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Many in Black America have long complained that when President Barack Obama was in office, he didn’t do enough or speak out enough for Black America. Obama now claims that institutional constraints prevented him from commenting on killings of Black Americans during his time in the White House, The Hill reported.
Obama’s foundation, My Brother’s Keeper Alliance, recently hosted a forum with Obama participating in a panel discussion on the activism triggered by the May 25, 2020 police killing of George Floyd, an unarmed Black man.
During Obama’s tenure in the White House, there were several high-profile killings of African Americans involving law enforcement, including Trayvon Martin, Michael Brown, and Alton Sterling. At the time, many wanted Obama to express outrage and to take action. During the forum, Obama blamed institutional constraints, saying he didn’t do so because he didn’t want to interfere with the Justice Department’s investigations into the cases.
“I did not in any way want to endanger their capacity to go in, investigate and potentially charge perpetrators, which meant that I could not come down or appear to come down decisively in terms of guilt or innocence,” Obama said.
He added, “Keep in mind, in 2012, I won. But I didn’t win congressmen, and we didn’t win a bunch of governorships back. We didn’t win a bunch of state legislators back. And so, all the reform initiatives that we were coming up with and the ideas that had been generated, we weren’t able to translate into as bold a set of initiatives as I would have wanted.”
Some on Twitter weren’t buying Obama’s institutional constraints explanation.
“Obama says ‘I was a well paid stand-in for white supremacy, gained power and celebrity and couldn’t give 2 fucks,'” Kamau Franklin @kamaufranklin tweeted.
NorbOdero @NorbAwino tweeted, “He was corporate. No corporate can be a revolutionary. He loved his money.”
Iqbal Bhawana @iqbalbhawana commented, “He did nothing for blacks and oppressed Palestinians and Kashmiris suffering under the yoke of occupation.A great disappointment indeed. History will not be kind to him. You can forgive him for doing nothing in first term due to constraints but he had nothing to lose in 2nd term.”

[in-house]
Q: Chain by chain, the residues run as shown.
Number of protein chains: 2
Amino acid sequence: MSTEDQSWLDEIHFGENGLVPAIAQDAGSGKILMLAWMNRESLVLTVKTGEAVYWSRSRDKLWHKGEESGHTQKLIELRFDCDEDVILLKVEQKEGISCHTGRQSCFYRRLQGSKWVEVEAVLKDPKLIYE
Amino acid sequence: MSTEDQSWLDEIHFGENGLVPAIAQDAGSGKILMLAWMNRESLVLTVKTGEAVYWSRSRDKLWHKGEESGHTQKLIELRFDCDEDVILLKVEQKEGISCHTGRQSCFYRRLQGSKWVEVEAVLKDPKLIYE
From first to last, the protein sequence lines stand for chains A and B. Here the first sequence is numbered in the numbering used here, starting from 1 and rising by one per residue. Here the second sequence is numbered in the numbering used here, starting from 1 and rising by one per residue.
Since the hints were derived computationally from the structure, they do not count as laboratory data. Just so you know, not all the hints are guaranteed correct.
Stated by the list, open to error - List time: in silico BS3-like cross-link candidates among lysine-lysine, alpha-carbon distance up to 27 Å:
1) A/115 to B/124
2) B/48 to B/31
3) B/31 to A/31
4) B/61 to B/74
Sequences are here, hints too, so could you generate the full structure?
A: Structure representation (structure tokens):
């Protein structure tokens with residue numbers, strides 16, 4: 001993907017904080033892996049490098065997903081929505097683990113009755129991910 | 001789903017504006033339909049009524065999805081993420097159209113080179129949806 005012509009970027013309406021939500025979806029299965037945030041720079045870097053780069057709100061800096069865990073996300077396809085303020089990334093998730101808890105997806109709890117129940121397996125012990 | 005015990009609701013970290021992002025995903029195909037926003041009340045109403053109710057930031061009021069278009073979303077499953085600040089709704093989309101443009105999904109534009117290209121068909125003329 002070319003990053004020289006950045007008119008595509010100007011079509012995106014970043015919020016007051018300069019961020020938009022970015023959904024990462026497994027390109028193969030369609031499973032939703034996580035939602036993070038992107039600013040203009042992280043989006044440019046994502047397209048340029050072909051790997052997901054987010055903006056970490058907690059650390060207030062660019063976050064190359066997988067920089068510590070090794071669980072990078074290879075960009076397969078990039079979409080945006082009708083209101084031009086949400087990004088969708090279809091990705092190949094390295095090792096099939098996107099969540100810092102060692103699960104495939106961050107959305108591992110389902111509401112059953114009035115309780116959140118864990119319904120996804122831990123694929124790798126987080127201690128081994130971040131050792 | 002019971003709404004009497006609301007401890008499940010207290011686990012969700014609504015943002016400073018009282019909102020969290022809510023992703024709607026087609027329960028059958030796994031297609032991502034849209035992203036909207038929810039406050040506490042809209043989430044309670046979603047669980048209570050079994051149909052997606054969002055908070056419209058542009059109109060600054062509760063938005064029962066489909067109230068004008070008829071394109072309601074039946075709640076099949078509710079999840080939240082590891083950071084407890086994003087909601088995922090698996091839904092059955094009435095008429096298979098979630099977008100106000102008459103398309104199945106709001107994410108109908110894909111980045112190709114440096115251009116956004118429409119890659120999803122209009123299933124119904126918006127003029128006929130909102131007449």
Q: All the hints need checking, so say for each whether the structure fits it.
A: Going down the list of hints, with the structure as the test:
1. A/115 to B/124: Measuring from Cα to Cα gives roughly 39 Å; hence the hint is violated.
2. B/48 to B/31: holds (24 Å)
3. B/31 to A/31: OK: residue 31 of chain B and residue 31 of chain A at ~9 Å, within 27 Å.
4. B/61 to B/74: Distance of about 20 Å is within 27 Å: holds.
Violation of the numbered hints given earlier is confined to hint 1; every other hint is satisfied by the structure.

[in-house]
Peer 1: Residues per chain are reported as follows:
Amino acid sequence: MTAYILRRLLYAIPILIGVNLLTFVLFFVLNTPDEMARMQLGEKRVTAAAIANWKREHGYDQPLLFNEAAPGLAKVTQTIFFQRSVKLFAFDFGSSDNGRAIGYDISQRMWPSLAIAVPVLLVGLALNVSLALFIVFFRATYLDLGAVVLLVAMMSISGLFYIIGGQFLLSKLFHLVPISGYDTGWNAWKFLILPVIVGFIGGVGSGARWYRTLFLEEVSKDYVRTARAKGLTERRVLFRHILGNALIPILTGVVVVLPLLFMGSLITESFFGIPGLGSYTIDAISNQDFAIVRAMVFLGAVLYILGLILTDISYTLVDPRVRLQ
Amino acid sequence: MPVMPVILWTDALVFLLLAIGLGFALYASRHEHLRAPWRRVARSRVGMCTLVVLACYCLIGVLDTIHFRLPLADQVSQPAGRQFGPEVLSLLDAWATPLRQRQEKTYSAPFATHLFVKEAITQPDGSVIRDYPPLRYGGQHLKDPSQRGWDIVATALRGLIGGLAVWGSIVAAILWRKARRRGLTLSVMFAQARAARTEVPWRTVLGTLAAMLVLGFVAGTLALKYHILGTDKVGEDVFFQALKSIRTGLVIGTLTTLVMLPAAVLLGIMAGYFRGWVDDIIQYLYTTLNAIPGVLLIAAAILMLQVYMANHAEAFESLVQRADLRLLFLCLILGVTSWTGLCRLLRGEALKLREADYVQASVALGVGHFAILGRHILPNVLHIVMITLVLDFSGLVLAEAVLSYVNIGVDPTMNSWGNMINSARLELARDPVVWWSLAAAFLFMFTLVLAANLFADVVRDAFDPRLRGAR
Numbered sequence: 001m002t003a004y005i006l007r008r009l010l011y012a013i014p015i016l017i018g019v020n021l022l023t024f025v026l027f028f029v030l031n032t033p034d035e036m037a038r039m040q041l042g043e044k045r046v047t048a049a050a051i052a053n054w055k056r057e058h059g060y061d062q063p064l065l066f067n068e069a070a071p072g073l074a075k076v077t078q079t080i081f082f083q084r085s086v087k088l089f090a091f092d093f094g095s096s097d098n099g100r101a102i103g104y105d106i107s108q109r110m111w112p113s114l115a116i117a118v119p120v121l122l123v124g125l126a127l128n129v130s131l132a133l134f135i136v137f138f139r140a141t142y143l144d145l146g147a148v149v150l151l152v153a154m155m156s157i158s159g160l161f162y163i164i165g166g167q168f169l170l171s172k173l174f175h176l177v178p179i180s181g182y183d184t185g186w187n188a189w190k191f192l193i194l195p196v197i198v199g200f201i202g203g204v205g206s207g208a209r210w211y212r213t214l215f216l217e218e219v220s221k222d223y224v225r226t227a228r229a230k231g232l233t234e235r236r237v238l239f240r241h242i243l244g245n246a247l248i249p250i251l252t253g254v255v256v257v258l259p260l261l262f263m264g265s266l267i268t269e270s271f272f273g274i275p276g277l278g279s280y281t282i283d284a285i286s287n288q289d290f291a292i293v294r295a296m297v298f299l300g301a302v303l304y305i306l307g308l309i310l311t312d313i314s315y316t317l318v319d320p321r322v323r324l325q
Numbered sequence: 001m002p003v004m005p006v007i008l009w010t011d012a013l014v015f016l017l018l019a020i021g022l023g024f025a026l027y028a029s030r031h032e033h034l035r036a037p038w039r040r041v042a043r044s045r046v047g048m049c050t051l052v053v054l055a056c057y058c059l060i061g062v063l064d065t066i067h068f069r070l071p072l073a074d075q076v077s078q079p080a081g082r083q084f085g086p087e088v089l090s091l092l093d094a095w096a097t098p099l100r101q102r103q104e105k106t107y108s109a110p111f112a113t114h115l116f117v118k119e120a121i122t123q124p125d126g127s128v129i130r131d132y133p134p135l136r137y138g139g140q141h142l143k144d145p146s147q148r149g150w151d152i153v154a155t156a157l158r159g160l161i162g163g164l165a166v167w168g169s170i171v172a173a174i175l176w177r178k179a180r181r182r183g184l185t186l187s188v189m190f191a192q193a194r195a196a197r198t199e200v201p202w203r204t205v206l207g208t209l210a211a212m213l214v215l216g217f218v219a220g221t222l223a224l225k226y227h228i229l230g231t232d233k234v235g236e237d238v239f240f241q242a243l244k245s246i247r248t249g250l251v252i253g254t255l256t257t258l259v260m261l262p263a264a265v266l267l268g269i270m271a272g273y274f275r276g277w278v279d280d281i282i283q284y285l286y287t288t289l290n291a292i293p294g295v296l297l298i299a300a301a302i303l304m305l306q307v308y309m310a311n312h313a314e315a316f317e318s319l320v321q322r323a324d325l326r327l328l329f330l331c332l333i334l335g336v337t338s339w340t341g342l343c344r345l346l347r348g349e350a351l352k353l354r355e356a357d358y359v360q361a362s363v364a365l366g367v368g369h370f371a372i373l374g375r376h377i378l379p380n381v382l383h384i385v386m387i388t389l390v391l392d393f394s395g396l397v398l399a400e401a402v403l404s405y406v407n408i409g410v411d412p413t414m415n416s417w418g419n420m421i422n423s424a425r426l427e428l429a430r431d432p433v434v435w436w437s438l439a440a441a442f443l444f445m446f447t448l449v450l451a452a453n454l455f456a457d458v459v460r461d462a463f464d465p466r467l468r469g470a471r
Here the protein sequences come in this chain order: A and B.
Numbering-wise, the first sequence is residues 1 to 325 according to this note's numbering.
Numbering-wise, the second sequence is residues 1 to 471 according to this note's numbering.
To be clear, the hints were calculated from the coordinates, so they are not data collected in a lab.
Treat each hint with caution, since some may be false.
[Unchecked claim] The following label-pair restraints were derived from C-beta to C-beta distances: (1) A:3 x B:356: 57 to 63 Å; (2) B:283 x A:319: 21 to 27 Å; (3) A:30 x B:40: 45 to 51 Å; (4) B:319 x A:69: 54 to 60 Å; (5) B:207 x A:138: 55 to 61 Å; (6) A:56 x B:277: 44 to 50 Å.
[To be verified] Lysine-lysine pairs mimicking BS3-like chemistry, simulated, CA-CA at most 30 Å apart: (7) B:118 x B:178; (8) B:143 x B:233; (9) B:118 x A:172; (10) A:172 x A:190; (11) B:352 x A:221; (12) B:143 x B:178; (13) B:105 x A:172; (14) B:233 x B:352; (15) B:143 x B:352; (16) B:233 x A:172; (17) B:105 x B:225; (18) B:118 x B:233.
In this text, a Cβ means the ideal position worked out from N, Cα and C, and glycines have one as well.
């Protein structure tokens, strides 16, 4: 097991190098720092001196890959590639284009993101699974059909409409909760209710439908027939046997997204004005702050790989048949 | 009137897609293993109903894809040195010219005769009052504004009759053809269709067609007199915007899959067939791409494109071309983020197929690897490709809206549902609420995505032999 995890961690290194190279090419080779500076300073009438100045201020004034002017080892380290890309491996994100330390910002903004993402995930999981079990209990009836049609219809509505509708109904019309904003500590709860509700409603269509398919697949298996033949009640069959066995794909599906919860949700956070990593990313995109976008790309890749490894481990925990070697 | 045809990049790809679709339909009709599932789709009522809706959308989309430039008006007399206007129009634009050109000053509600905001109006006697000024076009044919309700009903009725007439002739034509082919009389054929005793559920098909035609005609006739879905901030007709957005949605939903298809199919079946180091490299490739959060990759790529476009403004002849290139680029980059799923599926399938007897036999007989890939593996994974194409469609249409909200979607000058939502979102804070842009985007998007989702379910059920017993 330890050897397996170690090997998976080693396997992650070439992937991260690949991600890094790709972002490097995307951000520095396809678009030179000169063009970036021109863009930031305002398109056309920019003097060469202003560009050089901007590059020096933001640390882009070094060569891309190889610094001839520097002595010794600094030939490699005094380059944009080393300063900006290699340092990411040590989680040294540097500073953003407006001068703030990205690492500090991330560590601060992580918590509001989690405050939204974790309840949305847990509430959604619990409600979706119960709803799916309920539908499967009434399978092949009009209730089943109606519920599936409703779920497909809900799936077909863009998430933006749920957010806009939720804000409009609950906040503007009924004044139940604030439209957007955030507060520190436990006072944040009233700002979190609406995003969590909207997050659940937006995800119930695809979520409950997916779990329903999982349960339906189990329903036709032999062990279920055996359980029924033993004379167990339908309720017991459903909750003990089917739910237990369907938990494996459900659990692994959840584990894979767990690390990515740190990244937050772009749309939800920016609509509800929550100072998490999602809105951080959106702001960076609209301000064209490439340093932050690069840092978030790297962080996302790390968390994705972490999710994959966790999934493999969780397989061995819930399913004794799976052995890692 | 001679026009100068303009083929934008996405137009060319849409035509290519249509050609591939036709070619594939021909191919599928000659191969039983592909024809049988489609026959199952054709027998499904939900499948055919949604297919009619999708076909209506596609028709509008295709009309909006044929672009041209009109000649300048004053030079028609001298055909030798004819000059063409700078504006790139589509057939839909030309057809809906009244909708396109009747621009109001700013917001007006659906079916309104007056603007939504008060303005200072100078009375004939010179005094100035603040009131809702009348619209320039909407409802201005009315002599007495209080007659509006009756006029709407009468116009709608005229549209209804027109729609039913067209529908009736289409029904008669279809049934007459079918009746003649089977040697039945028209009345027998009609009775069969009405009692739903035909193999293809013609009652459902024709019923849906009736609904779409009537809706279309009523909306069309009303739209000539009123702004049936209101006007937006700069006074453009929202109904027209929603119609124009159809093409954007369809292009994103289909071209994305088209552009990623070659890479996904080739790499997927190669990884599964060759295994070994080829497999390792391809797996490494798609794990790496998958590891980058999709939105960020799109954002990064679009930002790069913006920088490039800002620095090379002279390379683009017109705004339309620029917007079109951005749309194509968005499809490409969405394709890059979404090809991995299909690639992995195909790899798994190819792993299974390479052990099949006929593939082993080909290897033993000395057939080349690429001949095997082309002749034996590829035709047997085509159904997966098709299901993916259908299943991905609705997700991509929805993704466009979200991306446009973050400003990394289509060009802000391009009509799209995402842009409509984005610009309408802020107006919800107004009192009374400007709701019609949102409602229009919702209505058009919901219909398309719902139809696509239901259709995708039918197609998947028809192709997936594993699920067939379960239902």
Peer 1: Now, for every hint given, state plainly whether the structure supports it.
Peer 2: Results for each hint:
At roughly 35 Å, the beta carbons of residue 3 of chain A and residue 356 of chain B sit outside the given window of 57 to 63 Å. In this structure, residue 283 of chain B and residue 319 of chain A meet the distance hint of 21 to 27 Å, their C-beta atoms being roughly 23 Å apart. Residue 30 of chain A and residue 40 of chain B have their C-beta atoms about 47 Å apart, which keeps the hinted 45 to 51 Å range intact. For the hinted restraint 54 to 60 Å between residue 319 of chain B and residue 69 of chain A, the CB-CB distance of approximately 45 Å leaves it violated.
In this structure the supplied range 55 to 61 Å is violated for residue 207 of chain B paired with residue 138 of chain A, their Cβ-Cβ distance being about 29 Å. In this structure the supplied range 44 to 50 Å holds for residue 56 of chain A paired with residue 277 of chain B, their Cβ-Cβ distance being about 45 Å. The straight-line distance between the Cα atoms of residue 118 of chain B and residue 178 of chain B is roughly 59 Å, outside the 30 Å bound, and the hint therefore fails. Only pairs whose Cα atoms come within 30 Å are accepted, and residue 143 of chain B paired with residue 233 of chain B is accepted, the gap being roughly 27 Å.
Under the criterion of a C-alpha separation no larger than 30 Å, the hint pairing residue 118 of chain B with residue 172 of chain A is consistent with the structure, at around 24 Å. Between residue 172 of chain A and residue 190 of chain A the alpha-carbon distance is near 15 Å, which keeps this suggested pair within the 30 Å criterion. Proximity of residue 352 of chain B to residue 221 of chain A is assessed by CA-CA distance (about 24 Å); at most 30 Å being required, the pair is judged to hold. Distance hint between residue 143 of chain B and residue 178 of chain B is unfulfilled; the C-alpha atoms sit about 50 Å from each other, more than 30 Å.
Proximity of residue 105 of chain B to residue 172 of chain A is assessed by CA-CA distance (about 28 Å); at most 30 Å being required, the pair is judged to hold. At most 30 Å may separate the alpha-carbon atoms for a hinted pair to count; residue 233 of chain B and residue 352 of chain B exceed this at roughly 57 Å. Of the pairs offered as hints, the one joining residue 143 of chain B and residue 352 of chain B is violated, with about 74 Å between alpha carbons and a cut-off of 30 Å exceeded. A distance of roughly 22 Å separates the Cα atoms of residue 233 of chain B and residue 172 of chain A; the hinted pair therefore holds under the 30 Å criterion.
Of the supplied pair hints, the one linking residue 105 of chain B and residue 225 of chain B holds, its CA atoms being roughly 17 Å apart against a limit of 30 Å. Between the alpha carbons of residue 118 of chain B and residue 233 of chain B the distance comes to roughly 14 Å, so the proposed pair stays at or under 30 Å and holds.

When he did speak out, Obama was seen by many as patronizing to Black America.
In 2015, several leading Black Democrats expressed outrage at Obama’s conclusion that “thugs” were protesting in Baltimore over the death of a Black man while in the custody of city police.
Obama called the protesters “criminals and thugs who tore up” Baltimore in the wake of Freddie Gray’s death. Maryland officials later concluded Gray’s death was a homicide committed by six police officers who went on to face murder charges.
“After Gray’s death, thousands of protestors took to the streets of Baltimore to protest the police’s initial handling of the case. Those protests turned violent …following Gray’s funeral, with cars set ablaze, businesses looted and burned,” The Hill reported. The National Guard was called to maintain order. More than a dozen police officers were hospitalized.
Members of the Congressional Black Caucus (CBC) denounced the president’s language.
One of Obama’s toughest critics was Dorothy Tillman, a civil rights activist and former alderman of Chicago’s 3rd Ward, who was in office from 1985 through 2007. A Democrat, Tillman called out Obama often, especially after he entered the White House.
“Now the truth of the matter is … President Obama is not addressing the Black Agenda. President Obama have been told that it’s alright not to address our agenda. They said if you don’t address it don’t worry about it because they gon’ be quiet,” Tillman said in 2010 during talk show host Tavis Smiley’s Black Agenda Forum.
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Obama has typically shied away from committing to reparations for Black America. While a candidate for the Oval Office, he said in 2008 that instead of cash reparations, the government should instead combat the legacy of slavery by improving schools, healthcare, and the economy for all, Boston.com reported.
“I have said in the past, and I’ll repeat again, that the best reparations we can provide are good schools in the inner city and jobs for people who are unemployed,” the then-Illinois senator said.
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